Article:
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How Motivated Kids and Better Food Access Fit Together

At Sprout Urban Farms in Battle Creek, kids grow produce for a mobile food hub, which transports fresh food to neighborhoods that are lacking.

Practice for Poverty: Hunger Games

In Manistee, students go from classroom to grocery store and then into the kitchen to cook a meal they've purchased for very little money. 

How to Build an Equitable Food System: Lessons from Battle Creek

Good Food Battle Creek wants to improve access to healthy food by bringing residents, growers, nonprofits, and other concerned folks together to address challenges in the local food system. 

Winona Bynum

Winona Bynum, youth and nutrition programs manager at Gleaners Community Food Bank of Southeastern Michigan, likens her work in the nonprofit sector to her past work in IT project management. Similar to technology projects, human service programs – like the children’s feeding programs she oversees – need stakeholder input and strong collaborations to be successful. 

Kwamena Mensah

Community organizer, farmer, teacher and change maker are among the hats worn by Kwamena Mensah, agriculture specialist and consultant with Detroit Black Community Food Security Network. As a pioneer in the urban agriculture movement, he has played a huge role in the reform of Detroit’s food system.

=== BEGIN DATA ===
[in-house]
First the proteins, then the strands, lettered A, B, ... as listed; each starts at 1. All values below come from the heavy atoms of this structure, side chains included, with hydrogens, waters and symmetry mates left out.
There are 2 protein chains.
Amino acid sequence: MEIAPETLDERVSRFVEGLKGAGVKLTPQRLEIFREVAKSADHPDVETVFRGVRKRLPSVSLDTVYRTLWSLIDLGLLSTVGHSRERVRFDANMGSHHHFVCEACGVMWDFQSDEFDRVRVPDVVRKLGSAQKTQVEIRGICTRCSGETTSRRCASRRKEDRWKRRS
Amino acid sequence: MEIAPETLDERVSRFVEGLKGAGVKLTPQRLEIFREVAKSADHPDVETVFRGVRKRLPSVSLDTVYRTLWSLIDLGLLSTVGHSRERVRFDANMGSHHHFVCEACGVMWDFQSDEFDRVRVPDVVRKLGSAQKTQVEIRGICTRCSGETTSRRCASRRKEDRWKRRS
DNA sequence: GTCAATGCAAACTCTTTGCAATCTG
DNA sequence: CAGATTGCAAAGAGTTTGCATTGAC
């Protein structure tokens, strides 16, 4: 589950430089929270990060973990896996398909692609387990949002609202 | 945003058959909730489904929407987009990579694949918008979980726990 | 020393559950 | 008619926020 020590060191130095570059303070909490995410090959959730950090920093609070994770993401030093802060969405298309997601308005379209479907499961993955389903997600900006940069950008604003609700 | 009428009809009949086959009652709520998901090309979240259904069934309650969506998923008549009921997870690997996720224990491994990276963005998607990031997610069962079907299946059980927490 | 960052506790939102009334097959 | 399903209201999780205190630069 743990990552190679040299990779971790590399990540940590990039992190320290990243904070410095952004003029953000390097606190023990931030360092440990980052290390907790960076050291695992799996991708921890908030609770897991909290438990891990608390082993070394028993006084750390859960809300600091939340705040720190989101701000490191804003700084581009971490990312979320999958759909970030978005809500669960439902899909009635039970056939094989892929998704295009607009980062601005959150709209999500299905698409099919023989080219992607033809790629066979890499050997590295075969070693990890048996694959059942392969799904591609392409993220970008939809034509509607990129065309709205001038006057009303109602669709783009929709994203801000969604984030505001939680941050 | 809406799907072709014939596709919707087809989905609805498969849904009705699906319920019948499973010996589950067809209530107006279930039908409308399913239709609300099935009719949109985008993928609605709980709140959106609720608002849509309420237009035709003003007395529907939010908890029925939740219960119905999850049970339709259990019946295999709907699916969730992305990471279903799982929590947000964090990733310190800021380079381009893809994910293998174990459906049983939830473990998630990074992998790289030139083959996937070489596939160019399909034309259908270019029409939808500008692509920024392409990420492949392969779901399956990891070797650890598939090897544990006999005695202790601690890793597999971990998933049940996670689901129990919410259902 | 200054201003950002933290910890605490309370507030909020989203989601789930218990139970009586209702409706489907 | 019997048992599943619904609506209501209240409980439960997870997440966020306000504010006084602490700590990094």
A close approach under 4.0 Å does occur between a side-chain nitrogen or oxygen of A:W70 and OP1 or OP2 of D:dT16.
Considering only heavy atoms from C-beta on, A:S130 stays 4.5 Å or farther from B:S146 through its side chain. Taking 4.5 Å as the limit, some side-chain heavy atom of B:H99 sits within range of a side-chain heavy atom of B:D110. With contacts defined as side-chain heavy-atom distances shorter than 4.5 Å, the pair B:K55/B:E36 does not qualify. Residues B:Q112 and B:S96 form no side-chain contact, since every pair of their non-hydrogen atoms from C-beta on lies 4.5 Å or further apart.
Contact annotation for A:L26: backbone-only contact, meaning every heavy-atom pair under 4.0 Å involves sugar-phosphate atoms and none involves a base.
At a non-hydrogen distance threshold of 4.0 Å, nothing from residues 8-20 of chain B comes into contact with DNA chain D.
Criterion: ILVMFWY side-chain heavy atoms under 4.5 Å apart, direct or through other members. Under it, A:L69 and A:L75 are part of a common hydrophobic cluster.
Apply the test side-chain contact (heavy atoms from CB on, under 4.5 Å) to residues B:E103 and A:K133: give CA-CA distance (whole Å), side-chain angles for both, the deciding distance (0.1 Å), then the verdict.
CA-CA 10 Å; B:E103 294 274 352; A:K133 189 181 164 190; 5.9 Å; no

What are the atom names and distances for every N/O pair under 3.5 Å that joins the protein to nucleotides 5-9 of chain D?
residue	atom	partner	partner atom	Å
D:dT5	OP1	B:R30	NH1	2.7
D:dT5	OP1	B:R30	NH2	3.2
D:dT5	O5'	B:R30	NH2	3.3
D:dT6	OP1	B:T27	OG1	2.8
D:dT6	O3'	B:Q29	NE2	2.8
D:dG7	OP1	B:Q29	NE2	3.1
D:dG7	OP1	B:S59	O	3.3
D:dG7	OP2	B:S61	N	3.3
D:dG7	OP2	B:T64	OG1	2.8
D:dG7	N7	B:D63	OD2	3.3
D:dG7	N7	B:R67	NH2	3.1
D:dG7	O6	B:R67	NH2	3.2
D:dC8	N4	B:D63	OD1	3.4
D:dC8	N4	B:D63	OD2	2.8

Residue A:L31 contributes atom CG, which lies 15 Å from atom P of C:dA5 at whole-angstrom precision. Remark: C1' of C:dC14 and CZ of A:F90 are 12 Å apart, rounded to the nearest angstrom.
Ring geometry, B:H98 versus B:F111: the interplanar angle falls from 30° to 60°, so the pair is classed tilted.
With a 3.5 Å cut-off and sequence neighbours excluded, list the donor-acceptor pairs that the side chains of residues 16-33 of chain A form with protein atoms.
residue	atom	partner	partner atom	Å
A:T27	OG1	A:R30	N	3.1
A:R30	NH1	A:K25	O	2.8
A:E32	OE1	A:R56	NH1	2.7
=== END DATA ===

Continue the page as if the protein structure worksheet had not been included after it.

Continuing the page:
Colleen Matts

Colleen Matts, farm to institution specialist at the MSU Center for Regional Food Systems, has seen kids become great farm to school ambassadors, taking their parents by the hand, sharing their knowhow about the value of locally grown food, and even telling parents where to purchase it. Matts sees kids leading the farm to school cause -- just as much as she is. 

Leah Kelley

With collaboration and positive social change in the driver’s seat, Leah Kelley of Allen Neighborhood Center in Lansing is motivating youth to think more about their role in creating positive shifts in community health. She leads the center’s Youth Service Corps, which engages community youth in food access projects through hands-on work and learning activities. 

Jen Rusciano

When Jennifer Rusciano was in fourth grade, she explored the origins of her favorite chocolate bar, connecting it to cocoa farms in Ghana. Years later, a college fellowship led her to live and work in small-scale cocoa farming communities around the world, exploring the triple bottom line of people, planet and profit. After that, she joined FoodCorps in Michigan for two years, and eventually helped develop Detroit Food Academy, where she currently serves as executive director of operations. 

Lisa Machesky

As executive director of the Baldwin Center in Pontiac, Lisa Machesky sees daily the growing divide between rich and poor. She envisions a future where every child has an equal chance for success, and Baldwin Center’s enrichment and education programs for kids and basic needs assistance for families mean Pontiac children have a better footing for the future.